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6 ═ See sec. 301-6330-1(g)(2), Q&A-G1, Proced. & Admin. Regs. ("The suspension period continues until * * * the Notice of Determination resulting from the CDP hearing becomes final upon either the expiration of the time for seeking judicial review or upon exhaustion of any right to appeals following judicial review.").

7 ═ Much like the statute, the legislative history of section 6330 simply states that "Levies will not be suspended during the appeal if the Secretary shows good cause why the levy should be allowed to proceed." H. Conf. Rept. 105-599, at 266 (1998), 1998-3 C.B. 747, 1020.

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We further observe that, in the absence of any other limiting language, the "court" referred to in section 6330(e)(2) is best read as a reference to the court to which a collection review determination is appealed under section 6330(d); i.e, the Tax Court or Federal District Court. Consistent with the foregoing, the Tax Court has jurisdiction to entertain respondent's Motion to Permit Levy.

As previously discussed, petitioner is barred under section 6330(c)(2)(B) from challenging the existence or amount of his underlying tax liabilities for 1993 to 1997 in this proceeding. See Goza v. Commissioner , 114 T.C. 176 (2000). Accordingly, the first element that respondent must establish to obtain relief under section 6330(e)(2) is satisfied. The question that remains is whether respondent has shown good cause why the levy should no longer be suspended.

Section 6330 does not include a definition of the term "good cause". Giving due consideration to the public policies underlying section 6330, we believe that respondent may show good cause that a levy should not be suspended where, as here, the taxpayer has used the collection review procedure to espouse frivolous and groundless arguments and otherwise needlessly delay collection.

Petitioner is no stranger to the Court. As outlined above, he abused the Court's procedures in the deficiency case at docket No. 13410-00, and he has exploited the collection review procedure primarily to delay collection. To permit any further delay in the collection process would be unconscionable. Accordingly, we shall grant respondent's Motion to Permit Levy.

II. Section 6673 Penalty

Section 6673(a)(1) authorizes the Tax Court to require a taxpayer to pay to the United States a penalty not in excess of $25,000 whenever it appears that proceedings have been instituted or maintained by the taxpayer primarily for delay or that the taxpayer's position in such proceeding is frivolous or groundless. We warned taxpayers in Pierson v. Commissioner , 115 T.C. 576, 581 (2000), that abusing the procedural protections afforded by sections 6320 and 6330 by pursuing frivolous lien or levy actions for purposes of delaying the tax payment process would result in sanctions under section 6673 when that section was applicable. We have since repeatedly warned taxpayers regarding section 6673, as we did petitioner here, and have repeatedly disposed of cases premised on arguments akin to those raised here summarily and with imposition of the section 6673 penalty. See Craig v. Commissioner , 119 T.C. 252, 265 (2002).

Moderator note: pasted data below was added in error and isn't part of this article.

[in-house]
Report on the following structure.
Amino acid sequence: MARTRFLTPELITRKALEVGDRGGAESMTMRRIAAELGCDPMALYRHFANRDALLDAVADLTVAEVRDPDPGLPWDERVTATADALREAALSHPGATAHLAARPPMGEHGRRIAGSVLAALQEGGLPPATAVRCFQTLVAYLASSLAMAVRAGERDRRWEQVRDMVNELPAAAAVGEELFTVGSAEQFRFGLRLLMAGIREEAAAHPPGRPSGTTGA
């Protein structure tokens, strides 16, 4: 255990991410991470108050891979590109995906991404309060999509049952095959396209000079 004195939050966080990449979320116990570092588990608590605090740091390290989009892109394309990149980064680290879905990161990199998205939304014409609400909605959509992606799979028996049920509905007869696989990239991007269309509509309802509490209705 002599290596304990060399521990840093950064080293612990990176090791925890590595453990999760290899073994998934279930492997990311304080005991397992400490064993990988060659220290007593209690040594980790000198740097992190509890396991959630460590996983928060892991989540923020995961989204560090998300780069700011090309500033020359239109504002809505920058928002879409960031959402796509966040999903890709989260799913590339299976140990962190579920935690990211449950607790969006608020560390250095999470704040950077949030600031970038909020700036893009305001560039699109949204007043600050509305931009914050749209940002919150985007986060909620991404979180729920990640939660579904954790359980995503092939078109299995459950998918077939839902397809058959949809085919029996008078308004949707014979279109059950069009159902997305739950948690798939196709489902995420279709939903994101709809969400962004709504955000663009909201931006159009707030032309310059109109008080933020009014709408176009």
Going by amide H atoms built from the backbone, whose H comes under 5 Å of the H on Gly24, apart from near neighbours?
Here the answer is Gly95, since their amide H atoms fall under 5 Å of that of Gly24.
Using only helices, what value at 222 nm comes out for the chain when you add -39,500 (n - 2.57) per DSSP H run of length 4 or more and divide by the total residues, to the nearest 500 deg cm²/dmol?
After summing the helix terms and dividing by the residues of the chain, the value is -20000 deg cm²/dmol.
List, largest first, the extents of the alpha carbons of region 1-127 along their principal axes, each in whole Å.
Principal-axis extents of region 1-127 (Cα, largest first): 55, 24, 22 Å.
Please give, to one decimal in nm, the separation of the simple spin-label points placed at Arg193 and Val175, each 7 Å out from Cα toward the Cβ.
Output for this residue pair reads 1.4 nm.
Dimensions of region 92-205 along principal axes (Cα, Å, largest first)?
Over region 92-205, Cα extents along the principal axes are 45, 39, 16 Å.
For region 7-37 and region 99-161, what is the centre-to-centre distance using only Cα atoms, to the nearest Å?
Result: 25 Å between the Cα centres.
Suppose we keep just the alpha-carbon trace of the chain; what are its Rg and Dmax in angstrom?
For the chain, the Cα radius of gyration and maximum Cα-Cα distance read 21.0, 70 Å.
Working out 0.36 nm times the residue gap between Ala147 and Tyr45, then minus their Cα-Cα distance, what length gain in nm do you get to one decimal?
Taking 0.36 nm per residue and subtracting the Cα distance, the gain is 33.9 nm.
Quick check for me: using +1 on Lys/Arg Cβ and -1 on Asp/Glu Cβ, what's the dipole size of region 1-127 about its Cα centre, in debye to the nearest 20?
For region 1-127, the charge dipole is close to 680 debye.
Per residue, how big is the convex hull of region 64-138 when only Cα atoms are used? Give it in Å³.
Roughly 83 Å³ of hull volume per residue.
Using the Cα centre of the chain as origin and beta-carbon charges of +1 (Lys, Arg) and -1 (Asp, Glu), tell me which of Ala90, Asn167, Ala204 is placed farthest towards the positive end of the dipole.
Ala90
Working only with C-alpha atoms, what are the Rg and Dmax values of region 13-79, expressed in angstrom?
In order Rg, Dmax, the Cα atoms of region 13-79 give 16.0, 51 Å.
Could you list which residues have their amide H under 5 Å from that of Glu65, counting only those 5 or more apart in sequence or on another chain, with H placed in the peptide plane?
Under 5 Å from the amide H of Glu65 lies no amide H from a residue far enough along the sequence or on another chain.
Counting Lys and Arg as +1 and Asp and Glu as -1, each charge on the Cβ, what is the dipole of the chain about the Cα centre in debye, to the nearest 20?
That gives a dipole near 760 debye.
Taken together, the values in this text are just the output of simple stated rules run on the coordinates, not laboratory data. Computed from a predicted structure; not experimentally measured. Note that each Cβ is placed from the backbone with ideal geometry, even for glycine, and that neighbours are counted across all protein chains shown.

Petitioner was previously penalized for his frivolous arguments and delay perpetrated on the Court in connection with docket No. 13410-00 concerning his tax liability for the tax years 1993 through 1997. Although in this action petitioner was polite and eliminated several frivolous issues at trial, he nevertheless wasted judicial resources on other frivolous arguments at the proceedings and in his brief. It is inappropriate that taxpayers who promptly pay their taxes should have the cost of Government and tax collection improperly increased by citizens apparently unwilling to obey the law or shoulder their assigned share of the Government cost.

This Court's order of October 4, 2004, explicitly addressed petitioner's substantive arguments, stating:

As respondent correctly notes in the motion for summary judgment, issues raised by petitioner during the administrative process, i.e., in his request for a collection due process hearing, have been repeatedly rejected by this and other courts or are refuted by the documentary record. Moreover the Court observes that maintenance of similar arguments has served as grounds for imposition of penalties under section 6673.

At the time of that order, the Court declined to grant summary judgment or impose a section 6673 penalty because respondent had denied petitioner the right to record the administrative hearing, see Keene v. Commissioner , 121 T.C. 8 (2003), and as a result no face-to-face administrative conference ever occurred. Thus, the Court afforded petitioner a trial and at it an opportunity to raise any legitimate permitted issues, but none were raised, and the previously addressed frivolous issues were perpetuated. Hence, the Court concludes a section 6673 penalty of $2,500 shall be awarded to the United States in this case.

To reflect the foregoing,

An order and decision will be entered granting

respondent's Motion to Permit Levy, and a

decision will be entered for respondent including

the imposition of a penalty under section 6673.